The new non-contacting models feature clock spring-free and Hall Effect (HE)-based technology, which allows measurement without the constraints of a connecting cable for the transmission of power and output signals.
The torque-only sensor (TOS) measures the relative shift angle between two rotating shafts linked by a torsion bar. This angular data is converted into a voltage output and is fed to the EPAS electronic control unit (ECU) to determine how much power assistance is required. This sensor is ideal for applications where a steering angle sensor is already discretely fitted to the column electronic architecture or mounted below the airbag housing. It is particularly useful for column EPAS applications that benefit from the elimination of the connecting cable.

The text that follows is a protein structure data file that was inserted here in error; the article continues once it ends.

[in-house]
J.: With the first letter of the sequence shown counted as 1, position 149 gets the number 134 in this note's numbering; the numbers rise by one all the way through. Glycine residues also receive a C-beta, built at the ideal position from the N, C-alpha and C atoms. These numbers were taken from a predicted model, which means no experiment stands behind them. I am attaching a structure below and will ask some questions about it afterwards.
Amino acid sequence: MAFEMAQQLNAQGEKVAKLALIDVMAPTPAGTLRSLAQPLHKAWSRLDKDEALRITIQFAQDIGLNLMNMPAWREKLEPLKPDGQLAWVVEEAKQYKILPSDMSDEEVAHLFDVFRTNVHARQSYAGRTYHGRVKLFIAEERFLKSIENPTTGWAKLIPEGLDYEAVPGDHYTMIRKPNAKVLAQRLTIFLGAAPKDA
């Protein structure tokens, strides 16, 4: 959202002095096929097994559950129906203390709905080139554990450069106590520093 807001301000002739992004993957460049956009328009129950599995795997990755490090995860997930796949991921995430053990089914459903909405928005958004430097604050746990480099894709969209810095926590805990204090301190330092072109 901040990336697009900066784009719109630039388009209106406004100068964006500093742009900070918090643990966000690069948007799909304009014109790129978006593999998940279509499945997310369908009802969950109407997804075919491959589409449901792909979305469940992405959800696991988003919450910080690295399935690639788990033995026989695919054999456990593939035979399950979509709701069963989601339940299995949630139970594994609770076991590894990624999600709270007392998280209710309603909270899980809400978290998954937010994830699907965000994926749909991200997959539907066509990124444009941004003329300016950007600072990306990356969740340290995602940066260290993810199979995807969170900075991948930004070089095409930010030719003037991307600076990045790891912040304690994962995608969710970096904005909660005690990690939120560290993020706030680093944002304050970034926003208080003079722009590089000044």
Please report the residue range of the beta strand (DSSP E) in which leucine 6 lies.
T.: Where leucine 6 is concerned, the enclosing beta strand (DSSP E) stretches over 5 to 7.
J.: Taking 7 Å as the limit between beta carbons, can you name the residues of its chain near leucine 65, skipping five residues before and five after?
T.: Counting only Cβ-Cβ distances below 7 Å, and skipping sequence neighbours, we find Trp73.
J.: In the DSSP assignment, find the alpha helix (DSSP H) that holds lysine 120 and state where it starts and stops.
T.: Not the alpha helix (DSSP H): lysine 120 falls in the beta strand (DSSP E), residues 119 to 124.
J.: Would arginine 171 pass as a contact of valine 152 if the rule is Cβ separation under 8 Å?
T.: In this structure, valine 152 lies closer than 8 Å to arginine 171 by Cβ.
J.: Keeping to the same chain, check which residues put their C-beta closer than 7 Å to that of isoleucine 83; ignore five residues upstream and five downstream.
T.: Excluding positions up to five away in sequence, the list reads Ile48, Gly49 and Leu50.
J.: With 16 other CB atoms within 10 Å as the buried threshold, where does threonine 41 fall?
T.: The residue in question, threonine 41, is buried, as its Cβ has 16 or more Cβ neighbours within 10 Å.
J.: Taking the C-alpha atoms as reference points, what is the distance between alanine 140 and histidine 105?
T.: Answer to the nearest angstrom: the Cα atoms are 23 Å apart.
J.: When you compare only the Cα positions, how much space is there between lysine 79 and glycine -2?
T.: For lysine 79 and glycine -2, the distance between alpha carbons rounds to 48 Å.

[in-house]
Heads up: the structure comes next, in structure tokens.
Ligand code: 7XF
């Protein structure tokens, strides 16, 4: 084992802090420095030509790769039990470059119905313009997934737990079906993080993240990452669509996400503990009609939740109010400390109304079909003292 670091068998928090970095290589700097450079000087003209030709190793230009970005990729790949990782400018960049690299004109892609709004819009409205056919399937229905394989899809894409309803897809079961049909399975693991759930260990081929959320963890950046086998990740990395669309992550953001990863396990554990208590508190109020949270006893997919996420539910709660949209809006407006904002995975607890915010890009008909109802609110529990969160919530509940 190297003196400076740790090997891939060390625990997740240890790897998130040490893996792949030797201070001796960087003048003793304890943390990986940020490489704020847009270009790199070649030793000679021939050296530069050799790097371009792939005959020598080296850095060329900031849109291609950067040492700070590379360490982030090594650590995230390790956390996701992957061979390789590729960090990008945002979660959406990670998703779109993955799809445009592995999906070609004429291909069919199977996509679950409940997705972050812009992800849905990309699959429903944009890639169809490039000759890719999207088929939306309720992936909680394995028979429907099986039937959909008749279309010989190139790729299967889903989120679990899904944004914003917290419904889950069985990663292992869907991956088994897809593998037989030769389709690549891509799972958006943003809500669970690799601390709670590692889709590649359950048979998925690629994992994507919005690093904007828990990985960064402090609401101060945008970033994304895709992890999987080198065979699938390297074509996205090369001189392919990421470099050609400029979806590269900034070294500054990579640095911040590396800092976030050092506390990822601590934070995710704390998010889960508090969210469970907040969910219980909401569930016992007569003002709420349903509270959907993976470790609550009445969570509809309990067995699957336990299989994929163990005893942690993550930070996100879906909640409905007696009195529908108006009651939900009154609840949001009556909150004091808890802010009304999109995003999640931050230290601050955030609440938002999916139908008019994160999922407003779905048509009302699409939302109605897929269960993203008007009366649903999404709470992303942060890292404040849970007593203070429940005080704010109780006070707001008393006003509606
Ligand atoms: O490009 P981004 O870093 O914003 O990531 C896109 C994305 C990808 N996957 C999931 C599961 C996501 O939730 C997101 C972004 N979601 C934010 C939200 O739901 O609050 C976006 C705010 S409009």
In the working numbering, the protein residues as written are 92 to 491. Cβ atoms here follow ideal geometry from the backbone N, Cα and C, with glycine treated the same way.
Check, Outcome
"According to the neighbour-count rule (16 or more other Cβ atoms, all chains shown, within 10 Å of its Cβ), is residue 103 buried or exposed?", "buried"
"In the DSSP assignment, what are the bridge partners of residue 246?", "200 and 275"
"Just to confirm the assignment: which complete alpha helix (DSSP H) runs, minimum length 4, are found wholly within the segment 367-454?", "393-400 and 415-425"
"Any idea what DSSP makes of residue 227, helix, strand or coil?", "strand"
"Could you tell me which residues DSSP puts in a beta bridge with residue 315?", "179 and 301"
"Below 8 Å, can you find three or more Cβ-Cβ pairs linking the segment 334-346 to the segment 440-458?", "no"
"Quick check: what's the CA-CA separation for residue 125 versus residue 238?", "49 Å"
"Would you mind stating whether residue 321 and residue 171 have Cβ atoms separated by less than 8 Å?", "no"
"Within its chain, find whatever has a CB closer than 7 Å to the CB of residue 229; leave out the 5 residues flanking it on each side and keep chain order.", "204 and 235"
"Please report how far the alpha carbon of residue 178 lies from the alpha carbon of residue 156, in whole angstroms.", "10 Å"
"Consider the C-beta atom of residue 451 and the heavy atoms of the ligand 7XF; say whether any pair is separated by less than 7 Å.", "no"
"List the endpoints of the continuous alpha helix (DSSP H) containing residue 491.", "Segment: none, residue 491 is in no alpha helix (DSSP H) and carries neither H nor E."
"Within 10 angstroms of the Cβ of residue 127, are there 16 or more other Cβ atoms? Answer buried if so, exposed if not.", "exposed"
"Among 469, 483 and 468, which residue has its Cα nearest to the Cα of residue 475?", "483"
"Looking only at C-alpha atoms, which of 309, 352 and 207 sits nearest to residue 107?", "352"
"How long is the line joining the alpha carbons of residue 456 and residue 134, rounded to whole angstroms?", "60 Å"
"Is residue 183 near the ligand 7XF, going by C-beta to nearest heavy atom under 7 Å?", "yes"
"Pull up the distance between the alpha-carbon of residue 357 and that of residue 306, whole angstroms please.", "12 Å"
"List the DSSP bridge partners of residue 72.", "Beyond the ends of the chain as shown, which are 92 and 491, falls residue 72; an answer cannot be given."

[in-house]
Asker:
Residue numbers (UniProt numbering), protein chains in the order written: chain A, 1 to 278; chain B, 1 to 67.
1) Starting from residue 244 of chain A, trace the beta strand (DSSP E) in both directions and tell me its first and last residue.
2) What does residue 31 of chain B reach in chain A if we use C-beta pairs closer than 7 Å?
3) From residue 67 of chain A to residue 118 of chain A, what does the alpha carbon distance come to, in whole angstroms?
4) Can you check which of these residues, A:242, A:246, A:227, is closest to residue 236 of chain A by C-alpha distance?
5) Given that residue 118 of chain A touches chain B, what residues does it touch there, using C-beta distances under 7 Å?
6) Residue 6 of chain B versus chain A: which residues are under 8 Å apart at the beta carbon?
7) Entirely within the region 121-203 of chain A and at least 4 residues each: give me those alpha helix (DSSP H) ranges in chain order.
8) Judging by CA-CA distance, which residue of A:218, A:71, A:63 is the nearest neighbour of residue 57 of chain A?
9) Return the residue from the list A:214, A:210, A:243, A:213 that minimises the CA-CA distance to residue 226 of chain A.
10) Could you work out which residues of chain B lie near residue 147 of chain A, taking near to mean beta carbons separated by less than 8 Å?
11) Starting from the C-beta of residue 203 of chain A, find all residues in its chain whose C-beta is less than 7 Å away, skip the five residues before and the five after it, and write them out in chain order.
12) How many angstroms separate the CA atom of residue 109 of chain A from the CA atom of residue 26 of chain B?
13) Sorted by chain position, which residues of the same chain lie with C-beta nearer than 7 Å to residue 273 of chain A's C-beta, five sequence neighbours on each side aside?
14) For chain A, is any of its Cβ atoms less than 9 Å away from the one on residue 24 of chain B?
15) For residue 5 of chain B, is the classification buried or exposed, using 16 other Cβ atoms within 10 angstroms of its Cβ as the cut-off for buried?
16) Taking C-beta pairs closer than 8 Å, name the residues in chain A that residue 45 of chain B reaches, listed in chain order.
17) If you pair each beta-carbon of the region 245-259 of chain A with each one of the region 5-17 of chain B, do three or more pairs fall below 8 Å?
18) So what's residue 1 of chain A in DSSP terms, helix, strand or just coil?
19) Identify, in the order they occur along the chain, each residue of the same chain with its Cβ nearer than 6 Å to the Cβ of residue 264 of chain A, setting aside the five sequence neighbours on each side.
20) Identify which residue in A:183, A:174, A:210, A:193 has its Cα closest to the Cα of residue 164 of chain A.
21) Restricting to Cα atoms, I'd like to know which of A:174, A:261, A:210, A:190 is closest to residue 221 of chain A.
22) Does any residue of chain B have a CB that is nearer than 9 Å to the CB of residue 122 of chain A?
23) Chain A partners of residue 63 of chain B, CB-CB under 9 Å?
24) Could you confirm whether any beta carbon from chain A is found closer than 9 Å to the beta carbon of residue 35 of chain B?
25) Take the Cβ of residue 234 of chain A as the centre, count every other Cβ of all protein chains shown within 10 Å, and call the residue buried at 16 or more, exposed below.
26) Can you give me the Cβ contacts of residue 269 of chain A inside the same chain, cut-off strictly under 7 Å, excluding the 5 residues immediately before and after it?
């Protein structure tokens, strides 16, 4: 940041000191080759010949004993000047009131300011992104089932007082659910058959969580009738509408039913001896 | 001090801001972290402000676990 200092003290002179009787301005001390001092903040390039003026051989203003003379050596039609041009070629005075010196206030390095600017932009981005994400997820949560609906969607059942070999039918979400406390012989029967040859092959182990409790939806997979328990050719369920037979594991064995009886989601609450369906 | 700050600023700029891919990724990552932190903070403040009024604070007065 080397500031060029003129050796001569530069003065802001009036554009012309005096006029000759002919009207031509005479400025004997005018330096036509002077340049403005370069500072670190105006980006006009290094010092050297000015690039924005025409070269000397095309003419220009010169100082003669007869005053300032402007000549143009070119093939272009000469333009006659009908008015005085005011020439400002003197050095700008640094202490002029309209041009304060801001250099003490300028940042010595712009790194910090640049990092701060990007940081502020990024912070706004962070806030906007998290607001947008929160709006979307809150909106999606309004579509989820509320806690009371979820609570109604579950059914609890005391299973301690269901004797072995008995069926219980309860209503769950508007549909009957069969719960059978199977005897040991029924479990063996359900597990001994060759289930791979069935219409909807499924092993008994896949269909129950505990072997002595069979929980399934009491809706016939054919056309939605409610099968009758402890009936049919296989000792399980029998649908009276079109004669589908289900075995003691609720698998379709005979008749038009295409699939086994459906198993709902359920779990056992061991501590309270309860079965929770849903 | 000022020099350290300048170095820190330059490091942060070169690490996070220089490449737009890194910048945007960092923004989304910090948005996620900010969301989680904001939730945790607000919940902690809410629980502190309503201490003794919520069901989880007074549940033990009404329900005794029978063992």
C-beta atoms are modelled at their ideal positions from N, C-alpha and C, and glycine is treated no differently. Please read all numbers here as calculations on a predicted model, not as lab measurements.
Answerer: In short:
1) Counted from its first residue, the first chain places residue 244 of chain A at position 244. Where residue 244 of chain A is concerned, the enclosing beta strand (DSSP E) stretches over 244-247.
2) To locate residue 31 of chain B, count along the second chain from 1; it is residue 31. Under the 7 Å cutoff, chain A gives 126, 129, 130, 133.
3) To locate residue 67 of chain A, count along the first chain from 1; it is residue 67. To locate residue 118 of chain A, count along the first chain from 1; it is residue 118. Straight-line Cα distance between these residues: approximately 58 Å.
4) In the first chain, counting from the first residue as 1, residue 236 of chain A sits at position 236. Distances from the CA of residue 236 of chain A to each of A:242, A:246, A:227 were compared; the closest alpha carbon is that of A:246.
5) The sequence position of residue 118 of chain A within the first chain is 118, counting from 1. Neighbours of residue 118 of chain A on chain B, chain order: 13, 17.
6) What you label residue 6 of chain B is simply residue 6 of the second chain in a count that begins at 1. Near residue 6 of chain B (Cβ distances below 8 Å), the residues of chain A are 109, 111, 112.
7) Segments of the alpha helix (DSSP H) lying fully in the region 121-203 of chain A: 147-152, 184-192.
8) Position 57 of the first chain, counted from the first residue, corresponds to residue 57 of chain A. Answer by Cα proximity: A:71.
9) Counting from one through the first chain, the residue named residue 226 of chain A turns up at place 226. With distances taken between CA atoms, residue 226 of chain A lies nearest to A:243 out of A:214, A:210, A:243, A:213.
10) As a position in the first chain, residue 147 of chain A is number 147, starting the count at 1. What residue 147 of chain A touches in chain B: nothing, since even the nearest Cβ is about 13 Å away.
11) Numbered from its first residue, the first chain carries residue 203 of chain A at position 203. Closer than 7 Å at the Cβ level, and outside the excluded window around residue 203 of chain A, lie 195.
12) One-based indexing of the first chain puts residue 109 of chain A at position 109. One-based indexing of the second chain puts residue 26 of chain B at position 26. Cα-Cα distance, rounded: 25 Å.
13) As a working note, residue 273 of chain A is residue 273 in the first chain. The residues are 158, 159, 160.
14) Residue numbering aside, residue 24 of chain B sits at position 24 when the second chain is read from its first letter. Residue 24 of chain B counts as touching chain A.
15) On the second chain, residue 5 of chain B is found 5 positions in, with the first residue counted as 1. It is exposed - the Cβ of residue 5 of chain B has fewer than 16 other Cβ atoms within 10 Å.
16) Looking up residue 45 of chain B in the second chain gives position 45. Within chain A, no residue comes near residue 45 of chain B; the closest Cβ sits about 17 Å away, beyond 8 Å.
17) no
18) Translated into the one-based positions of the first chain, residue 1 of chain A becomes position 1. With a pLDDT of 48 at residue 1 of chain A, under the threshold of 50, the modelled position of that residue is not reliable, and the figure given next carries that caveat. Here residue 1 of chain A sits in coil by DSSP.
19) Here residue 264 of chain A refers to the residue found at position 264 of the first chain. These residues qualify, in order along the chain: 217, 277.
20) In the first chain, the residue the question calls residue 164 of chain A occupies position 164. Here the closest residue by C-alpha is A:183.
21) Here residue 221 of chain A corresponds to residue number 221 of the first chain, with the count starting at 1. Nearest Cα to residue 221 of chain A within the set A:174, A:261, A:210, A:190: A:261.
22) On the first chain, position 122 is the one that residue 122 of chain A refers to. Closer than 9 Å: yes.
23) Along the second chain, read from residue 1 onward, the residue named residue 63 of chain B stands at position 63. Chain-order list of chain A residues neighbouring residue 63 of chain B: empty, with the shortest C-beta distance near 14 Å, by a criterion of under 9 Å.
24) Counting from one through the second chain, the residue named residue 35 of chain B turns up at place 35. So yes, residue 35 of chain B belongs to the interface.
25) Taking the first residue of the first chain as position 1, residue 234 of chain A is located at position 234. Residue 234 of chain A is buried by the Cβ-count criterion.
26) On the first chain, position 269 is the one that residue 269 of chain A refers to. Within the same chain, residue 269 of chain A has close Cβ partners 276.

The torque angle sensor (TAS) has the ability to collectively measure torque, steering wheel angle and speed with a number of steering wheel turns. The upper portion of the sensor contains components for differential torque measurement, and the lower housing uses a set of satellite gears to measure the rate and number of steering wheel turns. The steering angle sensor output is absolute and offers true power-off capability. This sensor is an optimal solution for vehicles that require both torque and steering angle feedback. The TAS sensor design effectively replaces the need to fit two discrete devices.
The torque index sensor (TIS) offers a cost-effective solution that features an additional HE switch that functions by counting the number of turns of the steering shaft for comparative analysis with an EPAS motor. A motor position sensor (MPS) obtains the relative value of angles from the steering assist motor and by comparing this information; the TIS sensor can accurately determine the absolute value of the steering angle without the use of a discrete steering angle sensor.
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